“Thrills, chills, spills and screwball comedy meet splashy shocks and gory dismemberment in a chlorine and blood drenched murder mystery”
There’s a chance that this is good. I’m not saying it’s likely, but there is always the possibility that something like this will be good: teenagers at a water park celebrating their graduation in, and I quote, “all their unleashed libido glory” and are offed by a “black-gloved murderer”. So…giallo in a water park?
I repeat, there is a chance that Aquaslash will be good.
Two Heads Creek
“After the death of their adoptive Polish mother, a timid butcher and his drama queen twin sister leave post Brexit UK and take an adventure into the Australian outback in search of their biological mother. But the seemingly tolerant townsfolk of the sleepy Two Heads Creek backwater are hiding a sinister, meaty secret and the pair must reconcile their sibling differences in a fight for their lives.”
Two Heads Creek sounds like it has the potential to be a really interesting film—I’m a bit of a sucker for towns that seem A.O.K, but are actually nicht gut (yes, you’re right, Troll 2 is the ultimate example of this).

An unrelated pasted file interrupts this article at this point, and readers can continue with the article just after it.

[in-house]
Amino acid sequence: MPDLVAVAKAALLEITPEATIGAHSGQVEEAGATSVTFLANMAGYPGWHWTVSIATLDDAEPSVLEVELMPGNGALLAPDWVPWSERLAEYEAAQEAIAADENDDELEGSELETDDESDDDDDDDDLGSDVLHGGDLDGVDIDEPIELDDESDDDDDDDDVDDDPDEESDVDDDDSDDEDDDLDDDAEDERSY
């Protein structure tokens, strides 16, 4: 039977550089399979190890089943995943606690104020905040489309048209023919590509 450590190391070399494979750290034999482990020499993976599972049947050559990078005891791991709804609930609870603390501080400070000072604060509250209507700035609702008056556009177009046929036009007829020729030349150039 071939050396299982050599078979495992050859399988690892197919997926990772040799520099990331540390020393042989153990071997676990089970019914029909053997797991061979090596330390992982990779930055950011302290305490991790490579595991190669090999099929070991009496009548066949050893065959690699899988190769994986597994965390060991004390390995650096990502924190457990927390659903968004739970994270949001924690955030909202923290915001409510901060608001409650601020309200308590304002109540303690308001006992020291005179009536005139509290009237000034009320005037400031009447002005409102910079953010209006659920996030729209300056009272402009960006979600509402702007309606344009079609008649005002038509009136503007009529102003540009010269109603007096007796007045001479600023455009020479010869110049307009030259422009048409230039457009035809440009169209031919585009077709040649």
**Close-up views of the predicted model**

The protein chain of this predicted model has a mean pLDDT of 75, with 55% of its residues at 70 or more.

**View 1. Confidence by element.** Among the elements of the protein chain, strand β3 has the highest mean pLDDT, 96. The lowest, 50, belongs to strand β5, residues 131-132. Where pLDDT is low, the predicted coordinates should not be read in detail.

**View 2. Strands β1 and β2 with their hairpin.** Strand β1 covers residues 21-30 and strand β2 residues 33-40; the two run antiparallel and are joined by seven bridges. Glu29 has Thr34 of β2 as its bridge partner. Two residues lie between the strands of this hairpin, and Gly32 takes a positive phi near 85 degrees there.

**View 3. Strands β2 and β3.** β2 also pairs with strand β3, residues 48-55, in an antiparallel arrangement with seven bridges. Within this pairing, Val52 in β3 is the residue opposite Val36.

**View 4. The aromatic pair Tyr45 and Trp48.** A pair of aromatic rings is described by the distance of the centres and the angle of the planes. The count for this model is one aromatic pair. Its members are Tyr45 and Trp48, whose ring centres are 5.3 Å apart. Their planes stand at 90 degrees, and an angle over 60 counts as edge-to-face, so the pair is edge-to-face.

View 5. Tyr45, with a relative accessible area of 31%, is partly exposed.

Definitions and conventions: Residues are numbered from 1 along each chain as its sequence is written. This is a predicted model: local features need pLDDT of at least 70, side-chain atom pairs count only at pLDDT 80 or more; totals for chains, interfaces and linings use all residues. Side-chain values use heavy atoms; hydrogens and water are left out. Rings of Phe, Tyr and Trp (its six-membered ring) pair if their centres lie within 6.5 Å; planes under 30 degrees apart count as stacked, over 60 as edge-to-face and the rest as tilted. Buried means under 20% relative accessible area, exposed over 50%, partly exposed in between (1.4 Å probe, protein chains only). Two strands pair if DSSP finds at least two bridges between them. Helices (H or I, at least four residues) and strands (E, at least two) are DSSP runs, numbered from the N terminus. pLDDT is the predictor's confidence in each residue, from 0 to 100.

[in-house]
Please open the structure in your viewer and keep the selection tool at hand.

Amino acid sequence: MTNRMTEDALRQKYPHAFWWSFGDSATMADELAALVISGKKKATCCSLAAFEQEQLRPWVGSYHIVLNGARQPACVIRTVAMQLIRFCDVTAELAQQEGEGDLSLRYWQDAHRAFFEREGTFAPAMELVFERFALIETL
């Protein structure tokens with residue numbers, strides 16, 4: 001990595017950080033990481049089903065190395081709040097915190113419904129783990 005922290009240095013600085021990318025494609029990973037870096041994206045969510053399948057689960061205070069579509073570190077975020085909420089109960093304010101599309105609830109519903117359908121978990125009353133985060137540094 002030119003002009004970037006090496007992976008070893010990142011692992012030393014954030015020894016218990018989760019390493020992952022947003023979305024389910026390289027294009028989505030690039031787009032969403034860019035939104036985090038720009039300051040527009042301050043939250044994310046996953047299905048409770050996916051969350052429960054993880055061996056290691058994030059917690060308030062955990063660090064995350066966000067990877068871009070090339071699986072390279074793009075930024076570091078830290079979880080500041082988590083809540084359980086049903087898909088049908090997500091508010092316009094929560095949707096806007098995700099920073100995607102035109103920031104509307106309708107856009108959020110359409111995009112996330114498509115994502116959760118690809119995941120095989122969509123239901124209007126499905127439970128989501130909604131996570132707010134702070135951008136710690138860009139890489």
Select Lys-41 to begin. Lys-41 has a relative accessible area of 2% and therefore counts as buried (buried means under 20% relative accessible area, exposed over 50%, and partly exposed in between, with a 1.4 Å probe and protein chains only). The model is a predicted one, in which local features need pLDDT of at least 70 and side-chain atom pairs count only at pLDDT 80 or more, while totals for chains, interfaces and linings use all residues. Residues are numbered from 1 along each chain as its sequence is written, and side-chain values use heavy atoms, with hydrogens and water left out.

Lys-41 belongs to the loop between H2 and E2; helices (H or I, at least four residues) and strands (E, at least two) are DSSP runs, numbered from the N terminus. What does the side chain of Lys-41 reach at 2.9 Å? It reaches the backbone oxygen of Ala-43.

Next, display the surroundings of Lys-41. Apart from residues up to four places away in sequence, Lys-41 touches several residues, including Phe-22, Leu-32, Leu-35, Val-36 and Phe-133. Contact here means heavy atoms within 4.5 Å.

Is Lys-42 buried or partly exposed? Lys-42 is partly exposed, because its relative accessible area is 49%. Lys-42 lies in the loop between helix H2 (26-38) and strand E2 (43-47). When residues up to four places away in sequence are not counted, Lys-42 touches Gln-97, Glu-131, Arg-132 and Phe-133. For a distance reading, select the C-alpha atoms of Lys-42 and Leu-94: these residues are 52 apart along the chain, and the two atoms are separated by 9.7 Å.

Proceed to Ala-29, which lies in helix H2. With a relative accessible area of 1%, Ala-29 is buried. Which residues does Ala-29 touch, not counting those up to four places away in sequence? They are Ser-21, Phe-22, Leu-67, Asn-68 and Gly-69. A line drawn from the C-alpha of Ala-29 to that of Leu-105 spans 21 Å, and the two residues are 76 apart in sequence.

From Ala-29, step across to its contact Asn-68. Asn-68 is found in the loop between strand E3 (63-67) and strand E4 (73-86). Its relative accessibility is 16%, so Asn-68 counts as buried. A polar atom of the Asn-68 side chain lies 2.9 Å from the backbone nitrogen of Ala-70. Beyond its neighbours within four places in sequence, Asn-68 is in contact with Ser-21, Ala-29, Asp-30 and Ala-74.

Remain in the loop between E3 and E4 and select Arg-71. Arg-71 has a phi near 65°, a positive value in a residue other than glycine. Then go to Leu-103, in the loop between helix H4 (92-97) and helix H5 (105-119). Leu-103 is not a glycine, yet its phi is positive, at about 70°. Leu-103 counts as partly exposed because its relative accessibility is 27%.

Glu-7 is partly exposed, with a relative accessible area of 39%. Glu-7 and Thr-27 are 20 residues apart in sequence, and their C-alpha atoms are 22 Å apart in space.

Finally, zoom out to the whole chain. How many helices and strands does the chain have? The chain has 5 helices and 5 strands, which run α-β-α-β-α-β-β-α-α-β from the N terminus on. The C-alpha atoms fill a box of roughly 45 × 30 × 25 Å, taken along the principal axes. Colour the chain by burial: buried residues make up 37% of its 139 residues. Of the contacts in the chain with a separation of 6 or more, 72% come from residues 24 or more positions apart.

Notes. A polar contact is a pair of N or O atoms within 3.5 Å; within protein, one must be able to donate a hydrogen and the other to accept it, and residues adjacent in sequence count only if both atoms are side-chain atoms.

Away from the narrative films there are also some documentaries which catch the eye:
Hail to the Deadites
Grrovy! Anything about The Evil Dead is going to interest us. Big fans of anything Sam Raimi and Bruce Campbell.
The Horror Crowd
A doc covering a wide-range of topics about the people who make horror including Women in Horror, Race Relations, Being the Weird Kid, Film Festivals, and the Dark Side means that this film could make for a fascinating insight, but my fear would be that the broad scope could result in something covering subjects which could easily warrant a documentary of their own.
All in all, this digital edition of FrightFest looks really good, there's a wide variety of films (not to mention the short films, panels, quiz on offer).